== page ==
By Fred Smith | @
‘John Bossy, where are you when we need you?’
So wrote Christopher Haigh over a decade ago, expressing the need for ‘big ideas’ to ‘shake up the field’ of early-modern English Catholicism, just as John Bossy had done twenty-five years previously. His words have never rung so true.
It was with great sadness that I learnt of the recent death of Professor John Bossy, an historian whose published works range from a three-hundred year history of Christianity in Western Europe, to a micro-analysis of events and individuals surrounding the French ambassador to England from 1583 to 1596. I am possessed of neither the knowledge nor the ability to adequately represent his contribution to the historical field in the lines which follow, a task better to left to historians who knew and worked alongside the eminent professor at the University of York until his retirement in 2000. However, I feel it is only right to offer a few words about an historian whom I greatly admire, and whose work has profoundly shaped my own study of history.
Bossy’s first book, The English Catholic Community, 1570-1850, published forty years ago, is widely regarded as a ‘major landmark in Catholic historical studies’. By the late twentieth century, the study of post-Reformation English Catholicism had become something of an intellectual backwater. It attracted little interest from the majority of scholars, for whom history’s ‘winners’ were far more exciting than its ‘losers’. Those who did venture into it presented their subjects as victims in a helpless and ultimately doomed battle. Bossy, on the other hand, focussed on the constructive side of post-Reformation Catholicism, asking not why the traditional faith collapsed, but how a new community of English Catholics came into being following the accession of Elizabeth I, and how it grew and adapted over the following three hundred years. He quite literally revolutionised our conception of the Catholic community in England.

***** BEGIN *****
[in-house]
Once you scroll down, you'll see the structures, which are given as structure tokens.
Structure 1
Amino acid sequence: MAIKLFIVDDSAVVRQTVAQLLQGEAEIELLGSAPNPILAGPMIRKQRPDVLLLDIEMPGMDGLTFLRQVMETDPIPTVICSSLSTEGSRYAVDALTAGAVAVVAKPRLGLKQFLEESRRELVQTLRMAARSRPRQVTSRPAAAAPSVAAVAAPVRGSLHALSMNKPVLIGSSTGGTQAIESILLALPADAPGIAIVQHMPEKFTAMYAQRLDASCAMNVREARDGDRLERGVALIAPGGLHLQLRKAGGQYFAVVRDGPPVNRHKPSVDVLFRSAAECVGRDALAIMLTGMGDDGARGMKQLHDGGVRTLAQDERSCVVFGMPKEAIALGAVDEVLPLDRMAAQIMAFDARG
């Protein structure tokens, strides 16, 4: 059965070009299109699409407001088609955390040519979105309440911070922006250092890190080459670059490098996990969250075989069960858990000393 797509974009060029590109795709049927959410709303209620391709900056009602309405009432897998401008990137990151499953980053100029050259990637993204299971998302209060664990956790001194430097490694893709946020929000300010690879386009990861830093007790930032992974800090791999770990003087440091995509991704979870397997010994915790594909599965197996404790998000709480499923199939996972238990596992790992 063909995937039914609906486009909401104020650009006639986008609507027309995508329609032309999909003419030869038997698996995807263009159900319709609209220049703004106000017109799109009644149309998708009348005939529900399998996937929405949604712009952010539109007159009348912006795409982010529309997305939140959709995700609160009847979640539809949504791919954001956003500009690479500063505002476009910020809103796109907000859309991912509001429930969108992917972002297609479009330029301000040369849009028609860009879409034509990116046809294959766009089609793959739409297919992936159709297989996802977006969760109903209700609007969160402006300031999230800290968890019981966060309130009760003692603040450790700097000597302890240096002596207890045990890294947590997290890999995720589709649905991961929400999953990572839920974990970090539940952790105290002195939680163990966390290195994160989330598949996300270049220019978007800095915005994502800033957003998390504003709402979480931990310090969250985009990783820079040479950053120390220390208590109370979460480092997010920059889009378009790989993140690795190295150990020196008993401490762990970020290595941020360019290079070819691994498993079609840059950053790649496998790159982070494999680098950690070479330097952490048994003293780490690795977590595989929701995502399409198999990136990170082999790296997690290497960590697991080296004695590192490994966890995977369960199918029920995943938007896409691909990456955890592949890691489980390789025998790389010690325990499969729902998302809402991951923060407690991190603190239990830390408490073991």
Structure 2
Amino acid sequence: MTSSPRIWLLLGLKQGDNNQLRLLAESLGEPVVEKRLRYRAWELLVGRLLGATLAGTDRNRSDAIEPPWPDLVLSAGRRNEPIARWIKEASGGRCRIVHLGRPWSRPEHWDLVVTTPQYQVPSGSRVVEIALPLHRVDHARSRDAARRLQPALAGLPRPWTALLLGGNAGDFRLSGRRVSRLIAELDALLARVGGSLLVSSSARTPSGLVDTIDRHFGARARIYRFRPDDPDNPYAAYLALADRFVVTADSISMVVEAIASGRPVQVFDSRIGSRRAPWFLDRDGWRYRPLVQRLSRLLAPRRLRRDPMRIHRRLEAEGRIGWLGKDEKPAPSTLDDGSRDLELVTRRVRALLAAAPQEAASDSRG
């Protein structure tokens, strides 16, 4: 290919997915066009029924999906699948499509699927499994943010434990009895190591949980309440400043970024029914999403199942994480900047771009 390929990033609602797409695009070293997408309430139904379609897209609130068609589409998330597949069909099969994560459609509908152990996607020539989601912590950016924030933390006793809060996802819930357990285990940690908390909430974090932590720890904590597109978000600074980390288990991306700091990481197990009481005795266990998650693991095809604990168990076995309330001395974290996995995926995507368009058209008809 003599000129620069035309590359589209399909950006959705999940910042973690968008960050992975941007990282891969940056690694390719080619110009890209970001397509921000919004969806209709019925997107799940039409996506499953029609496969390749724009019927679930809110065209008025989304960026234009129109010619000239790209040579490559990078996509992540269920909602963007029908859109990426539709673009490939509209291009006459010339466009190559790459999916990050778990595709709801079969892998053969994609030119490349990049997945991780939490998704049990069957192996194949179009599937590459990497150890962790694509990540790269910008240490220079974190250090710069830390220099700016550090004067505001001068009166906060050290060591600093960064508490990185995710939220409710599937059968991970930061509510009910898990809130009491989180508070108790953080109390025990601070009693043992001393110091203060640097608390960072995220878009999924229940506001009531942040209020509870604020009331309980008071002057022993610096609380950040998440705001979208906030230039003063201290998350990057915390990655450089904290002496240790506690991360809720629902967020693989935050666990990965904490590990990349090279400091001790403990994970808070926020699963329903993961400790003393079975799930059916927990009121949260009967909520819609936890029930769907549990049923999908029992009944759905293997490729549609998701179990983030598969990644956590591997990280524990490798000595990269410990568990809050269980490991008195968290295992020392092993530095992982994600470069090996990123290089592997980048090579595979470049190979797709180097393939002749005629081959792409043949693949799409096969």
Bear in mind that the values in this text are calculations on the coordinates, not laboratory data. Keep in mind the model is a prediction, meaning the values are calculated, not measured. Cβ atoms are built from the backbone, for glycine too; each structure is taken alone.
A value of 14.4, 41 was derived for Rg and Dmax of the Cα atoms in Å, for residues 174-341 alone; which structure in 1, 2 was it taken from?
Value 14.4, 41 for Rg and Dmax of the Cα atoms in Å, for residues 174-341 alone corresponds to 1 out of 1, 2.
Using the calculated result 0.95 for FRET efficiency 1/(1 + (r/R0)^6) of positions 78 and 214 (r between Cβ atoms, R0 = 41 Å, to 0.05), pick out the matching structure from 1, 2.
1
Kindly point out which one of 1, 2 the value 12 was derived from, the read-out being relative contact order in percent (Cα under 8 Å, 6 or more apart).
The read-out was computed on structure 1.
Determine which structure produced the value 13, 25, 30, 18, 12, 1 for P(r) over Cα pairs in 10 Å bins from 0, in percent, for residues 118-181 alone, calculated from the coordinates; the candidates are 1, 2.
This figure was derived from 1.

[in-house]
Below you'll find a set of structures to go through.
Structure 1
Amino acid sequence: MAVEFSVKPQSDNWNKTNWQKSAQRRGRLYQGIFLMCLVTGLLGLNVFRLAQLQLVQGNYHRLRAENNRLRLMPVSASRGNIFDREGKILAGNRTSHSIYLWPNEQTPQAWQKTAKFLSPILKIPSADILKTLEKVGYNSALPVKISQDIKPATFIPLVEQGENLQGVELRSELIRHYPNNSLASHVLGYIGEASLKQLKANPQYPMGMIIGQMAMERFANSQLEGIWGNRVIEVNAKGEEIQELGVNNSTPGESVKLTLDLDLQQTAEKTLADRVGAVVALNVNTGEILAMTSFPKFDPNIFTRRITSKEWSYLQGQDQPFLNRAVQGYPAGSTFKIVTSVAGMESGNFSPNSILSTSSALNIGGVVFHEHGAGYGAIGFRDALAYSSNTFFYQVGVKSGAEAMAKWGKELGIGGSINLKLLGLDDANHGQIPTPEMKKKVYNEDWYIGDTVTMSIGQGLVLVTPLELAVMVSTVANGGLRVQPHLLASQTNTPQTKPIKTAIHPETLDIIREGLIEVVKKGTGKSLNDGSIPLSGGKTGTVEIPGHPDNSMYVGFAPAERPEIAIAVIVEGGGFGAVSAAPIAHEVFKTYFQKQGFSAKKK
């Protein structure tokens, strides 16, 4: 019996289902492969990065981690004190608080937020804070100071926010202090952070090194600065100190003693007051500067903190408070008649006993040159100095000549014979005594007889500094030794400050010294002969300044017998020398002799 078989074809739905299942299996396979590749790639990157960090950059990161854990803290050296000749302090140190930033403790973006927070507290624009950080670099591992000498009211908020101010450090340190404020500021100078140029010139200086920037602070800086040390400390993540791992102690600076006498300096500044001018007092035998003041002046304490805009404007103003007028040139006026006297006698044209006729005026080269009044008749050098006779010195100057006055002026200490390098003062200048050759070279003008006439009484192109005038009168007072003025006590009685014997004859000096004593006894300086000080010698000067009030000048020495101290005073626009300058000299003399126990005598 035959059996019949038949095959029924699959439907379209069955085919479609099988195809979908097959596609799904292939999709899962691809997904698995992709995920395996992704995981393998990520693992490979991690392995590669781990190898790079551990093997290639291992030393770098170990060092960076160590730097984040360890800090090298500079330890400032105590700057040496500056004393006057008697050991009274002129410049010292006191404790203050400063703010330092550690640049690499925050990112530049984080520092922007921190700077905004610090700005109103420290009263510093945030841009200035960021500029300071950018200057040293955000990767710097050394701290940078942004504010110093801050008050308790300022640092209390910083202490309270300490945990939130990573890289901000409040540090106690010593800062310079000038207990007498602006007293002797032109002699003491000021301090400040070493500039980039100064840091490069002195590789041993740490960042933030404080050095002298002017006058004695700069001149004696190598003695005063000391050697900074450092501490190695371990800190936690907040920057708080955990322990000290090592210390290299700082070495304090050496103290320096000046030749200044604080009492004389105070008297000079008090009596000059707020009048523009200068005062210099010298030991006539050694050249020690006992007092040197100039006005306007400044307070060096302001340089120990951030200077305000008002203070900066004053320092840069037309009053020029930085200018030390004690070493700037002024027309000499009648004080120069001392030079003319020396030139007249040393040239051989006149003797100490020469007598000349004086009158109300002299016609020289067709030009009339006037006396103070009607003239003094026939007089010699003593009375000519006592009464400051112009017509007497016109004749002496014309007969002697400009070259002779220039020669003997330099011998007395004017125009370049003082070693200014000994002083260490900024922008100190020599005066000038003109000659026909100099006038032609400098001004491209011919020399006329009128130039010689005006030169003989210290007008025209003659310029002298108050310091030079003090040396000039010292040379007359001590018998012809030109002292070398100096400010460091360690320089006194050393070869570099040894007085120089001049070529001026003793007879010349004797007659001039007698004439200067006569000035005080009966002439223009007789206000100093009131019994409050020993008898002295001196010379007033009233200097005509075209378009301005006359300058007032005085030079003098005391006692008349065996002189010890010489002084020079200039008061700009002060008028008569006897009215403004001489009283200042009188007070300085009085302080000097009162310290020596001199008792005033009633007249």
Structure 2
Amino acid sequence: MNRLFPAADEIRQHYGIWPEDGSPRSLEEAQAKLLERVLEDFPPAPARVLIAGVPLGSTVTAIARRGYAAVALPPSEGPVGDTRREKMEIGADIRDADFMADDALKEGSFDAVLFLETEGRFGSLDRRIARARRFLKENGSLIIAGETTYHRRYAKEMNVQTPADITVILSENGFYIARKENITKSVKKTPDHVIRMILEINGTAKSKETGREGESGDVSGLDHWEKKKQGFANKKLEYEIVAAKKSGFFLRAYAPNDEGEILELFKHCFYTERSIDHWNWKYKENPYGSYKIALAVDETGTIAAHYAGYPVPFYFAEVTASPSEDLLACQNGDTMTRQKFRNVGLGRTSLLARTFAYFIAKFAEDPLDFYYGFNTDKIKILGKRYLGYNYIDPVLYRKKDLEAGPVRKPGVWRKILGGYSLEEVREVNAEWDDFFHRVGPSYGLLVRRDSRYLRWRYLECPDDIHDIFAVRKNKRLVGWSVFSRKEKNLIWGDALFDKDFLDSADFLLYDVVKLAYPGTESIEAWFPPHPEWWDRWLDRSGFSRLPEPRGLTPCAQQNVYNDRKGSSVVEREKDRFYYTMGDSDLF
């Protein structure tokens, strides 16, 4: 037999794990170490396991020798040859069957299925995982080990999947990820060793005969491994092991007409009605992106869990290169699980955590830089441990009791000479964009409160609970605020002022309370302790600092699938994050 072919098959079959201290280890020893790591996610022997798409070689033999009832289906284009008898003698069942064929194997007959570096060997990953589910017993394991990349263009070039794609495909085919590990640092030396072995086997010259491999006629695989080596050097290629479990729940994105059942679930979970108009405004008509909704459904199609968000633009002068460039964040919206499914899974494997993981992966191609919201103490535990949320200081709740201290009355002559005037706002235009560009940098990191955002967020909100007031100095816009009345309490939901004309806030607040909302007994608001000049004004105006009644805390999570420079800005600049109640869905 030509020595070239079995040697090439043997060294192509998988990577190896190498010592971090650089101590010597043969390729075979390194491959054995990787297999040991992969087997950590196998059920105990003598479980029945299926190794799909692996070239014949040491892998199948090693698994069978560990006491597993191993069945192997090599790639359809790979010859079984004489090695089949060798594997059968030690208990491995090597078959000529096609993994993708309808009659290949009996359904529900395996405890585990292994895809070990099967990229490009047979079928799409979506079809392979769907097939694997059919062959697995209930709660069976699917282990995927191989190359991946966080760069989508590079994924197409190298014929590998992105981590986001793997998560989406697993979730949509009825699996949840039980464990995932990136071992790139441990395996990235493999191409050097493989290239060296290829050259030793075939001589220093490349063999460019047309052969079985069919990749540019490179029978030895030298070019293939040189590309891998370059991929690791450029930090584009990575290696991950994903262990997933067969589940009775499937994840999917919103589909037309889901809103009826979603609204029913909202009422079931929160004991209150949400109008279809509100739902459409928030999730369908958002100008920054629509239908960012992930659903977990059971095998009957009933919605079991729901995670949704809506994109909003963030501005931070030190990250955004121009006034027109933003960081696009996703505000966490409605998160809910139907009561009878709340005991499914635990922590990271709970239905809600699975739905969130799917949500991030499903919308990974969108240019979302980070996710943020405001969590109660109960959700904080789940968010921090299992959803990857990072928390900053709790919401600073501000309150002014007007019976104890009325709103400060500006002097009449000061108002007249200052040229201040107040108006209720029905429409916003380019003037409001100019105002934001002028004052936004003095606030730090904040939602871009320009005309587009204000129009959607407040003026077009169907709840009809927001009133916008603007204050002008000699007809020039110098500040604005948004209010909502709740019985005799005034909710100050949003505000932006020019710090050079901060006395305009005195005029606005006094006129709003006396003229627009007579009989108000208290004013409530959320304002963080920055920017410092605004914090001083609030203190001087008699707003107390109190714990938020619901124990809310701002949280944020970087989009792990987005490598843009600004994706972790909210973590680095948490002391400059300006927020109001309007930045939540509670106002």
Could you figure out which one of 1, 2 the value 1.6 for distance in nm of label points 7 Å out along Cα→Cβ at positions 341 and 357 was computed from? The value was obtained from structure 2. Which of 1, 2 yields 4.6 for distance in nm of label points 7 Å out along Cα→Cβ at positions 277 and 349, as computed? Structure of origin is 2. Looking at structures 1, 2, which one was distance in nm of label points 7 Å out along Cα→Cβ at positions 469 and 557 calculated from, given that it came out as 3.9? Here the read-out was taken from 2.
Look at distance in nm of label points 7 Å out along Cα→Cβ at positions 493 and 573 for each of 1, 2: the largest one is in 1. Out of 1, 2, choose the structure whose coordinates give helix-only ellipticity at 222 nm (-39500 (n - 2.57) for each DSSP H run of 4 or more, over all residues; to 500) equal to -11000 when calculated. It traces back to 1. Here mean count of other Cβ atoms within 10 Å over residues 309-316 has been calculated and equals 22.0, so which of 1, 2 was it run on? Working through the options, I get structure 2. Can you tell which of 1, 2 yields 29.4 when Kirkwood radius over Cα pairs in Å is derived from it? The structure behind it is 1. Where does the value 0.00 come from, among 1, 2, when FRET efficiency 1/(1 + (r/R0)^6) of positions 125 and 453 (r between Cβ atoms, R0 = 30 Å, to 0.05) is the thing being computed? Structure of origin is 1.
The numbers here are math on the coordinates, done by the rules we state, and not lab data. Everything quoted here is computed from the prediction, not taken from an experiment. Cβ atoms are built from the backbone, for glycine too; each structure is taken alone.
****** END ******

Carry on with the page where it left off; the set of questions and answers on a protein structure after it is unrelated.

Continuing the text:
Of course, as with all great works, many of Bossy’s arguments have since been reviewed and revised. However, it is his enduring legacy that historians of English Catholicism no longer treat their subjects through the lens of victimhood, and instead focus on the creative and often curious ways in which England’s Catholics negotiated their survival with a hostile regime. In that respect, all students of religion in England are in his debt, a truth testified by Alexandra Walsham, who dedicated her most recent book to the emeritus York professor.
I owe a personal debt of gratitude to Professor Bossy. One of the key debates inaugurated by his first book, namely the question of when, and in what form, the English Catholic community came into existence, drove my MPhil research last year, and continues to guide my thinking as I start my PhD. John Bossy, you were there when I needed you, and I am certain that your legacy will be there for generations of historians to come.
 Christopher Haigh, ‘Catholicism in Early Modern England: Bossy and Beyond’, The Historical Journal, Vol. 45, Issues 02 (2002), pp. 481-494, at p. 494.
 John Bossy, Christianity in the West 1400-1700 (Oxford, 1985); John Bossy, Giordano Bruno and the Embassy Affair (New Haven, 1991), and its ‘sequel-of-sorts’ Under the Molehill: An Elizabethan Spy Story (New Haven, 2001).
 See for instance the obituary for Professor Bossy written by Professor Pete Biller, Professor Stewart Carroll and Professor Simon Ditchfield of the York Department of History (https://www.york.ac.uk/history/news/news/obitary-professor-john-bossy-fba/).
 Eamon Duffy, ‘Review of The English Catholic Community, 1570-1850’, Journal of Ecclesiastical History, Vol. 27, Issue 04, pp. 447-450, at p. 448.
 John Bossy, The English Catholic Community, 1570-1850 (London, 1975).
 Alexandra Walsham, Catholic Reformation in Protestant Britain (Farnham, 2014), p. xv.